A large factor on the pros and cons of trucking is the job’s technical side. Often, a truck will malfunction on the highway far from an automotive shop. Unless aided by a good samaritan, you get to troubleshoot and fix the problem yourself. Don’t worry, part of the commercial driving license process includes learning about auto maintenance. 

Over years of trucking, you will build up advanced automotive knowledge, and that makes doing maintenance on your own car easier too!


In the trucking industry, you may work for a company, but on the road you can do what you want. Unlike a desk job, supervisors cannot micromanage you out on the road. This means picking out music you like, operating the vehicle as you see fit, and even deciding driving routes. Drivers can confidently add independence to the pros and cons of trucking list. 

Cons of Trucking

The cons of commercial truck driving overlap with the cons of operating a passenger vehicle. Traffic, dangerous drivers, and spontaneous conditions rank highest on the list of pros and cons of trucking. Consider this list when becoming a truck driver: 

Constantly on the Road

The nature of trucking means constant travel. Regional truckers often drive the same routes, but long-distance truckers can cover routes coast to coast. If you despise constant movement, get harsh motion sickness, or dislike new environments, trucking may not be right for you.

For some, constant travel is ideal. In fact, many of trucking’s cons are positives for certain personalities. 

Strict Physical Requirements

To drive a truck in most states, you must pass a physical exam according to Department of Transportation standards. DOT standards may disqualify drivers for hypertension, respiratory dysfunction, diabetes, vision impairment, epilepsy and mental disorders. However,  these conditions might not disqualify drivers if well-managed.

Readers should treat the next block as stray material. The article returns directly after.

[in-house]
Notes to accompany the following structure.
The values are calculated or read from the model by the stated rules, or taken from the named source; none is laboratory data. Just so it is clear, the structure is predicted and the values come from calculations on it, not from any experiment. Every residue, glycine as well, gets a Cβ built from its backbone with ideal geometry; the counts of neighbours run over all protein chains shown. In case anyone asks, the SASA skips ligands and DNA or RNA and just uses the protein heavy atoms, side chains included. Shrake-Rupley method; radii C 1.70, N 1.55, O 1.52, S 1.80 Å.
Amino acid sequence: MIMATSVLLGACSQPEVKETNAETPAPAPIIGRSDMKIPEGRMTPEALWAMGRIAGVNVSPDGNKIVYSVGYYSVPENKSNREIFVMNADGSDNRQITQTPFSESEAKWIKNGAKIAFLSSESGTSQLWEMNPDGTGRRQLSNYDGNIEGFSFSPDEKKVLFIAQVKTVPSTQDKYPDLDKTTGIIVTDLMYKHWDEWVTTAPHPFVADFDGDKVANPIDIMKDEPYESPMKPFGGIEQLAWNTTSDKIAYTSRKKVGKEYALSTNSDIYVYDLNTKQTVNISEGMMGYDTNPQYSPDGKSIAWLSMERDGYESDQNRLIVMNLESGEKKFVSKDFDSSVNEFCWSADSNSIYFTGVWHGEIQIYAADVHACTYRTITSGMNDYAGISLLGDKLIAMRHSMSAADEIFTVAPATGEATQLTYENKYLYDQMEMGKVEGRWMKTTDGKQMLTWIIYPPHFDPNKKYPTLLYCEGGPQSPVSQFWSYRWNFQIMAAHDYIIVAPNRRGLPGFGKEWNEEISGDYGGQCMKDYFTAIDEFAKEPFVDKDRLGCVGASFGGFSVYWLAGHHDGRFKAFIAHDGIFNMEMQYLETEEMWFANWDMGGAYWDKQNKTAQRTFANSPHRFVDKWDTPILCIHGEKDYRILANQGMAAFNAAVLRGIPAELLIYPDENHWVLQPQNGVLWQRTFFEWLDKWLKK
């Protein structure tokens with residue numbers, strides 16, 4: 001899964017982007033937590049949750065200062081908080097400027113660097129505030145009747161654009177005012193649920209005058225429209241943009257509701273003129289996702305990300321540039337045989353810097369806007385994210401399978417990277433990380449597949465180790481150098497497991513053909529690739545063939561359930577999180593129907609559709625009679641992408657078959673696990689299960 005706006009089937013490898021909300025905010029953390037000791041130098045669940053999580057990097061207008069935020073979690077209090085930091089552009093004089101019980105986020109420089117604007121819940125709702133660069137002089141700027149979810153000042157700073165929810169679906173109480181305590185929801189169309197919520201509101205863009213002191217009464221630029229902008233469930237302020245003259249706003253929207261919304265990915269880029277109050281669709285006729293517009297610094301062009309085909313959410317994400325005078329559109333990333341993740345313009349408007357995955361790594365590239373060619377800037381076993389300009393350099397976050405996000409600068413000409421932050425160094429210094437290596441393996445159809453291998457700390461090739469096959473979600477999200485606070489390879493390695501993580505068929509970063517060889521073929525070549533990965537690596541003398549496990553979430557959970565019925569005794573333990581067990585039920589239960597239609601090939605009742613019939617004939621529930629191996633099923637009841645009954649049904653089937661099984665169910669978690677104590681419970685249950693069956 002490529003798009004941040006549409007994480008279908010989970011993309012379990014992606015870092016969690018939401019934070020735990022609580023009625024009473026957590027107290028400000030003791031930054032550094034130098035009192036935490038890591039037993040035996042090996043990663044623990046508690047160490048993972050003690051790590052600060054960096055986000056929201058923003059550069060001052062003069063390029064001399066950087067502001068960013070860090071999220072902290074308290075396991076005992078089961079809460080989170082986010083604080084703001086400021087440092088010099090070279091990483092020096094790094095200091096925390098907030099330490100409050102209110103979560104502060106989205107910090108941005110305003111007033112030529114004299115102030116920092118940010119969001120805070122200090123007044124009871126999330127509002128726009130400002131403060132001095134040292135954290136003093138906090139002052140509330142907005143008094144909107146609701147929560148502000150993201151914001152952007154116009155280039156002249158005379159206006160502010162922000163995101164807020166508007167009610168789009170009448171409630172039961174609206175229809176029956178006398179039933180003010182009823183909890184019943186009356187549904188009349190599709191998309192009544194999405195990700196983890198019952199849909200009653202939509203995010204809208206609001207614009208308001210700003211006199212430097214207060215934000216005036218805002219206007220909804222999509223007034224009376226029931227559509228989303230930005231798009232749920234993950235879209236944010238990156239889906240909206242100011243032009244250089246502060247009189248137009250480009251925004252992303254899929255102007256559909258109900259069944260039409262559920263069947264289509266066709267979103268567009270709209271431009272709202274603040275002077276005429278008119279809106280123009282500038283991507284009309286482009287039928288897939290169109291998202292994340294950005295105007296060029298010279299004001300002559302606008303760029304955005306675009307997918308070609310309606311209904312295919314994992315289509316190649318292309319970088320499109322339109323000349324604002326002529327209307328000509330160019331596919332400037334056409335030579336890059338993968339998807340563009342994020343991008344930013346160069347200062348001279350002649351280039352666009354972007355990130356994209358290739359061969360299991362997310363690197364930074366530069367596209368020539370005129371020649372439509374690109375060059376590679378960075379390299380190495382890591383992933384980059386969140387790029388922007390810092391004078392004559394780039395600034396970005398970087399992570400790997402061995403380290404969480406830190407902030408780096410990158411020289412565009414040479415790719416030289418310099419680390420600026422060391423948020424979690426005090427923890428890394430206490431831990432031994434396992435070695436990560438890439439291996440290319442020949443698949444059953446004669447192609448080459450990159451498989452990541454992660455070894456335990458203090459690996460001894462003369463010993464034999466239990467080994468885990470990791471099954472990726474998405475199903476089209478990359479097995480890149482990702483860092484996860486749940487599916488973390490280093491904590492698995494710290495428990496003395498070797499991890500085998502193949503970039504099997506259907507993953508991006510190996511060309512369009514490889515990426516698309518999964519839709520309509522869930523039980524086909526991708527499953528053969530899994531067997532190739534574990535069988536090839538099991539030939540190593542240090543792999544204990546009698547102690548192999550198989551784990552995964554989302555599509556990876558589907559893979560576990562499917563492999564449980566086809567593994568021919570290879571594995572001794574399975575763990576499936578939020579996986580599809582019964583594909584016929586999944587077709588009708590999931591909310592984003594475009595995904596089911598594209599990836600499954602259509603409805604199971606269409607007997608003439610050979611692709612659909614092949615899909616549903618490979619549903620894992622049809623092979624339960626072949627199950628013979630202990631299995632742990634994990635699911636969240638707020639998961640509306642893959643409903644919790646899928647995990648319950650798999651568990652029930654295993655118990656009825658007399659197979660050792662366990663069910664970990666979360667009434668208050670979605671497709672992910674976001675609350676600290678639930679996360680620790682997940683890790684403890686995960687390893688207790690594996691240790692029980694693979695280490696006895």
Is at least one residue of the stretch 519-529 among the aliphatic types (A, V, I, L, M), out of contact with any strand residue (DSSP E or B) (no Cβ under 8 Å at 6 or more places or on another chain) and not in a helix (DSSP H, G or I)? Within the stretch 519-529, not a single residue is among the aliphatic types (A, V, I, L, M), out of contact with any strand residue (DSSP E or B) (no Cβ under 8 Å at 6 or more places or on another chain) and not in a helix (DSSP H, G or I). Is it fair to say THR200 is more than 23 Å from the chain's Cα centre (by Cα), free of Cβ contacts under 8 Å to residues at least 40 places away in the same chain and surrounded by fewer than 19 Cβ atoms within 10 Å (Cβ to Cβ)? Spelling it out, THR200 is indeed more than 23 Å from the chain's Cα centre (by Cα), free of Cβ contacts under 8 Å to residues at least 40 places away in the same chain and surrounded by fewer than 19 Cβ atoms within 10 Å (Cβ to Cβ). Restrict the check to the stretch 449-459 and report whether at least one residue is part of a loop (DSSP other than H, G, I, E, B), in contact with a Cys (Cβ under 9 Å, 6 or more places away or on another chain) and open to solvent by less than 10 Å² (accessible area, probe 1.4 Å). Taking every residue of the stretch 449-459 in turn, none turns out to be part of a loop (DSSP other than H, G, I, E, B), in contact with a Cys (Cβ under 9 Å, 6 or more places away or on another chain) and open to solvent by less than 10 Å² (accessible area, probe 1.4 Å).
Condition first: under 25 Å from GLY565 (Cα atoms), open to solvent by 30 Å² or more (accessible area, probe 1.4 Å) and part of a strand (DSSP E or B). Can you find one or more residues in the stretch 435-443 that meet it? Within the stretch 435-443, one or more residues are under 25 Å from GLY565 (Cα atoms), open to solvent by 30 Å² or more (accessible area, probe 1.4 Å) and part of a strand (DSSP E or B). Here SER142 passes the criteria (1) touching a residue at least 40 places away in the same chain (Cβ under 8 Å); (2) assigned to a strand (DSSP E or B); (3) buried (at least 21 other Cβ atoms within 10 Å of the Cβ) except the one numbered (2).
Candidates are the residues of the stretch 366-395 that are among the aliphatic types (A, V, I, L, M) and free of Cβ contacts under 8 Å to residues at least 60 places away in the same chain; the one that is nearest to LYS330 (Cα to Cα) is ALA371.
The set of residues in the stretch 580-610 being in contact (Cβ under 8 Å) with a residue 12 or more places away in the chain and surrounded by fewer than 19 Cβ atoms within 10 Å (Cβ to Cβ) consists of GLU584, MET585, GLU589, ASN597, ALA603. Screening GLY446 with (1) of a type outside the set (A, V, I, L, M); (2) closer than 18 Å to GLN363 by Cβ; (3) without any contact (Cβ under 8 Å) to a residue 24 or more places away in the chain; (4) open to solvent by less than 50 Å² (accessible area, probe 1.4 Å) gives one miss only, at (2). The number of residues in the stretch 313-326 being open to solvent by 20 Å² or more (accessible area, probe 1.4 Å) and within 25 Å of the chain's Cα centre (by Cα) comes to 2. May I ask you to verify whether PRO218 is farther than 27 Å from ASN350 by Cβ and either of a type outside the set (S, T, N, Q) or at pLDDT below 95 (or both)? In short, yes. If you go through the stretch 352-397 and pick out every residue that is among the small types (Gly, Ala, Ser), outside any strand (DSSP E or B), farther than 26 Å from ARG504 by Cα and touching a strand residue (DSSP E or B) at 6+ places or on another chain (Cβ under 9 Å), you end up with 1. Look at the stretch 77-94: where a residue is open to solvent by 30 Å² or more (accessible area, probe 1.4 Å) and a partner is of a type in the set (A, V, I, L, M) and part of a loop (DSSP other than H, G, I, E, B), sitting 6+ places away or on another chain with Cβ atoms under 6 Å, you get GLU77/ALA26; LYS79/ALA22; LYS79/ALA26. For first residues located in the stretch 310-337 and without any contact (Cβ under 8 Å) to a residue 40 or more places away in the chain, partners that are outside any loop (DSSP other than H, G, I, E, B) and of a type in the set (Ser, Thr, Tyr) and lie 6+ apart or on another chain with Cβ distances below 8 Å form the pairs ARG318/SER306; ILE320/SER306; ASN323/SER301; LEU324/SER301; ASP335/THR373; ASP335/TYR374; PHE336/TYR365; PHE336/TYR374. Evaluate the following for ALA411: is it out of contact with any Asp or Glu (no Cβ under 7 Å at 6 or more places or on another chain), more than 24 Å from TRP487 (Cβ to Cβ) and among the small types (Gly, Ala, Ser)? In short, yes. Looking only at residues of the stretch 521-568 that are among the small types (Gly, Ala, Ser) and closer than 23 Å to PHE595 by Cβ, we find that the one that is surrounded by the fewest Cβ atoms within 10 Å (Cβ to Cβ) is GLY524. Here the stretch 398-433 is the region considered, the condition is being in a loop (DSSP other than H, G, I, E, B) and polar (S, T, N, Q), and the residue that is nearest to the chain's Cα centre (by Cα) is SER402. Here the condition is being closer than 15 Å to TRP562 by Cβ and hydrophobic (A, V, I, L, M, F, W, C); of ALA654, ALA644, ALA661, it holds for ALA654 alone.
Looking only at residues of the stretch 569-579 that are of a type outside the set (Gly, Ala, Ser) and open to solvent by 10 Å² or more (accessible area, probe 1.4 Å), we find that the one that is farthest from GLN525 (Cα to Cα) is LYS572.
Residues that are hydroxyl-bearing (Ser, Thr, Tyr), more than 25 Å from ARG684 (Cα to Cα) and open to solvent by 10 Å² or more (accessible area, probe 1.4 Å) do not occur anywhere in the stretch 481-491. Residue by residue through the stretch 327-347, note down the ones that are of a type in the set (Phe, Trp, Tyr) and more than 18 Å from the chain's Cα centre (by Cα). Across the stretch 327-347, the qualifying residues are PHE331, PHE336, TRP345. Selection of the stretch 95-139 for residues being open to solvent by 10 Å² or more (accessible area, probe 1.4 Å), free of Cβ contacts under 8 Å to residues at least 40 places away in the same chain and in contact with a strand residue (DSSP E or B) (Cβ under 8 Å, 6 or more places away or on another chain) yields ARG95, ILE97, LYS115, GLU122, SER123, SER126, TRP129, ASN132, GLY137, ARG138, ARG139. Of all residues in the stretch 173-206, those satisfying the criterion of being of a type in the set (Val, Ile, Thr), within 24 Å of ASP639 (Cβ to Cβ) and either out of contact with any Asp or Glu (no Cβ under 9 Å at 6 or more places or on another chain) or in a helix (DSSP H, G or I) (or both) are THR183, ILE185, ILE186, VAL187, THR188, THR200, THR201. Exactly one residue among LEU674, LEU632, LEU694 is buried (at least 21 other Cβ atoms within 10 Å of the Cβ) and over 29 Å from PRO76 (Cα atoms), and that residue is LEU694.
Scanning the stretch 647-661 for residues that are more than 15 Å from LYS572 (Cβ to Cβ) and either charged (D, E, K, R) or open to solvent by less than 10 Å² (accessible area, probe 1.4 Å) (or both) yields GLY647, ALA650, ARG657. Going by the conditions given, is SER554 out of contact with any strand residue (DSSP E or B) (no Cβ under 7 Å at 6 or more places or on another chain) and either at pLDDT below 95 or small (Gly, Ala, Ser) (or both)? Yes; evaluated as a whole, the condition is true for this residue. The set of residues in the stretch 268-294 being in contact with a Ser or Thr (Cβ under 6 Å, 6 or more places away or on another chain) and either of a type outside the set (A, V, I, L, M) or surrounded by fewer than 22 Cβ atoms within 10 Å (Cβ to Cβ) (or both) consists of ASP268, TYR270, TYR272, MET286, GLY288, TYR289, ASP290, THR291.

Late Hours

To avoid traffic, many truckers drive at night. Though truckers alter their sleep patterns, some people are genetically predisposed to favor mornings. Additionally, those who have trouble seeing at night may struggle with late hours. If night highway driving is not for you, consider this is a con of truck driving. 

Learn More About Trucking at Truck Driving Institute

Still not sure about trucking? Let the experts at Truck Driver Institute (TDI) further explain the pros and cons of trucking. At TDI, we offer job seekers the chance to earn a career in the trucking industry with our affordable hands-on commercial driver’s license (CDL) training led by experienced drivers. 

No previous truck driving experience is required to train for a trucking career at TDI. With locations in seven states, TDI is conveniently available for anyone 18 years or older to receive their CDL in as little as three weeks. 

Experts at TDI work with more than 20 major carriers to recruit and place TDI graduates in leading trucking companies. Additionally, TDI offers affordable pricing and can help put together financial assistance so that everyone is able to get their CDL. Contact us to see the pros and cons of trucking for yourself!

Get Started

Get your Class A CDL in our friendly, supportive CDL training program. TRAIN with experienced instructors – multiple good-paying, secure job choices with benefits available for eligible graduates. EARN $700 – $1000+ / week to start as a truck driver. Get started today by filling out the form below. We look forward to hearing from you!